The New York Post reported this weekend that NLPC has proposed a new rule to require art galleries and dealers to look for signs of money laundering in transactions, and to aid public authorities who investigate such crimes.
The rule is inspired by Hunter Biden’s new art career, as Isabel Vincent reports:
Art galleries and museums should be subject to the same money laundering-prevention rules as banks when they buy and sell art, with extra scrutiny placed on sales by family members of elected officials like Hunter Biden, says a good-government group.
A proposed federal regulation — dubbed the “Hunter Biden Rule” — was submitted this week by the Virginia-based National Legal and Policy Center to the Department of the Treasury’s Financial Crimes Enforcement Network.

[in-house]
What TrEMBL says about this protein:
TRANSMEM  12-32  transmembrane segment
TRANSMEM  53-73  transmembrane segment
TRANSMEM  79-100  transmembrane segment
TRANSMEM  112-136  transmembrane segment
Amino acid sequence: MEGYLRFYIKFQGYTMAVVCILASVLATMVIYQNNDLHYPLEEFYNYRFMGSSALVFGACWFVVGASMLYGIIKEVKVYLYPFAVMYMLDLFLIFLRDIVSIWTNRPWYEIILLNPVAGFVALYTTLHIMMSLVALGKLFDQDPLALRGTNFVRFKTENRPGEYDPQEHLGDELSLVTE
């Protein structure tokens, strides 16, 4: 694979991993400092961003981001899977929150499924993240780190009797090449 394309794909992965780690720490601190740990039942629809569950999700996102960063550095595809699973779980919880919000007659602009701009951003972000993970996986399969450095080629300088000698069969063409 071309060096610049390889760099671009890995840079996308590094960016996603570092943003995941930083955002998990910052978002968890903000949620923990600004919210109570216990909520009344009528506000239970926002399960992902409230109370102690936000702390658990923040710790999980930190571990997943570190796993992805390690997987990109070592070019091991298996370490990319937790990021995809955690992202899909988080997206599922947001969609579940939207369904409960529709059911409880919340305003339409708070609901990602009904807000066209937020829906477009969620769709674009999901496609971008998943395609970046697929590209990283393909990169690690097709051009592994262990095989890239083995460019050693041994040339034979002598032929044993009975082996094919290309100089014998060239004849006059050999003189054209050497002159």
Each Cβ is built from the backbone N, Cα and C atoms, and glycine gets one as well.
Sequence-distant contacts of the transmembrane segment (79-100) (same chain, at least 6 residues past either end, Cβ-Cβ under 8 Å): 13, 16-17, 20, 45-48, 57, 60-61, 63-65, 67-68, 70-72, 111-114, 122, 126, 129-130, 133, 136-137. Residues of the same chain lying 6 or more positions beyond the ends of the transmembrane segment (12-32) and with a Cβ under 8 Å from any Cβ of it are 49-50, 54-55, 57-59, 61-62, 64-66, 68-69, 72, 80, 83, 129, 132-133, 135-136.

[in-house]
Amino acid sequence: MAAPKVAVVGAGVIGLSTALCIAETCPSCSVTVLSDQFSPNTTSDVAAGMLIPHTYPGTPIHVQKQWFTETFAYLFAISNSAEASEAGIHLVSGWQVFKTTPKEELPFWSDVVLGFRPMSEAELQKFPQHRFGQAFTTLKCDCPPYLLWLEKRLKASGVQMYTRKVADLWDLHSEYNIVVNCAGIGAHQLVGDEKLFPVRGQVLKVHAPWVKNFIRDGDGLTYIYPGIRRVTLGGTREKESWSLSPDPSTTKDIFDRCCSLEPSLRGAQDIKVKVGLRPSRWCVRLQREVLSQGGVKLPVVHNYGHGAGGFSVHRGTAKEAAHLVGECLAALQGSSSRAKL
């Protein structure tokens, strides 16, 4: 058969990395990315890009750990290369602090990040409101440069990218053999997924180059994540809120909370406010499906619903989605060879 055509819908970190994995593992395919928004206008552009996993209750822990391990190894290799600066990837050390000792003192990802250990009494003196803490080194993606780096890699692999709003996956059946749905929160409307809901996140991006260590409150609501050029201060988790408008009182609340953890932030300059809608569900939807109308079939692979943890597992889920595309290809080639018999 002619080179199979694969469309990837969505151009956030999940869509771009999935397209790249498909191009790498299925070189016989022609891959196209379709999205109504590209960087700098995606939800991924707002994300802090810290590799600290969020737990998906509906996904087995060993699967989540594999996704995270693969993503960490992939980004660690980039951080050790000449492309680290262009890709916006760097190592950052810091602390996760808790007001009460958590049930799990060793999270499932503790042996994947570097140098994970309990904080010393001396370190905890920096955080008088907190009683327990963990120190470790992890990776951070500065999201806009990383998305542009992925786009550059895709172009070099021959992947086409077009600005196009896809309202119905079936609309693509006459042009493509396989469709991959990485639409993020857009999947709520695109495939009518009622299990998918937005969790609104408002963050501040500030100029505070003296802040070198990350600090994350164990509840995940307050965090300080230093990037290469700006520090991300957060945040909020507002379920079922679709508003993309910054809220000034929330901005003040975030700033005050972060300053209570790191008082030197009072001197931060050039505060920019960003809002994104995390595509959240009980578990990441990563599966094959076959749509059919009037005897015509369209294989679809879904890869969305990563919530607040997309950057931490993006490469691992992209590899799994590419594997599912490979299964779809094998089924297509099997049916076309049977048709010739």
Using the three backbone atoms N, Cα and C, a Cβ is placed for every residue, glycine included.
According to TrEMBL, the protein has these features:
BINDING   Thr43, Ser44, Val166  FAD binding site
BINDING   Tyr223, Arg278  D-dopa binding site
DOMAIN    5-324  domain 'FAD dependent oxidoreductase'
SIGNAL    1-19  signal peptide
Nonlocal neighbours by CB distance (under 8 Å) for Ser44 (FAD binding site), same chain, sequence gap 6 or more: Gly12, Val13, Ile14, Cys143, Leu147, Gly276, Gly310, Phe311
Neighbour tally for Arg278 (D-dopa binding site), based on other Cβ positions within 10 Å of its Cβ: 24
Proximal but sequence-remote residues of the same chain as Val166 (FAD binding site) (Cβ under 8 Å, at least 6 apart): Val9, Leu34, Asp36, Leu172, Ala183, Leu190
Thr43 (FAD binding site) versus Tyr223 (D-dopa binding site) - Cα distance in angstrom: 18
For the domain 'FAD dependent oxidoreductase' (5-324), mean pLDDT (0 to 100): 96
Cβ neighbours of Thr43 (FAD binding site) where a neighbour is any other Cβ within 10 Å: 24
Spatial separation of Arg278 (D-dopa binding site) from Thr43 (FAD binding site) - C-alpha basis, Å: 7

The effort was the NLPC’s response to an imminent sale of paintings, priced between $75,000 and $500,000, at a Manhattan art gallery by President Biden’s son…
The Financial Crimes Enforcement Network doubled down on its dire warnings that art galleries and museums need to be more vigilant. The agency issued a call for proposals to help them crack down on shady art deals, which are increasingly being used by terrorists and criminal enterprises to hide assets and launder billions, the agency said.
Vincent offers more details about NLPC’s proposal in the Post story.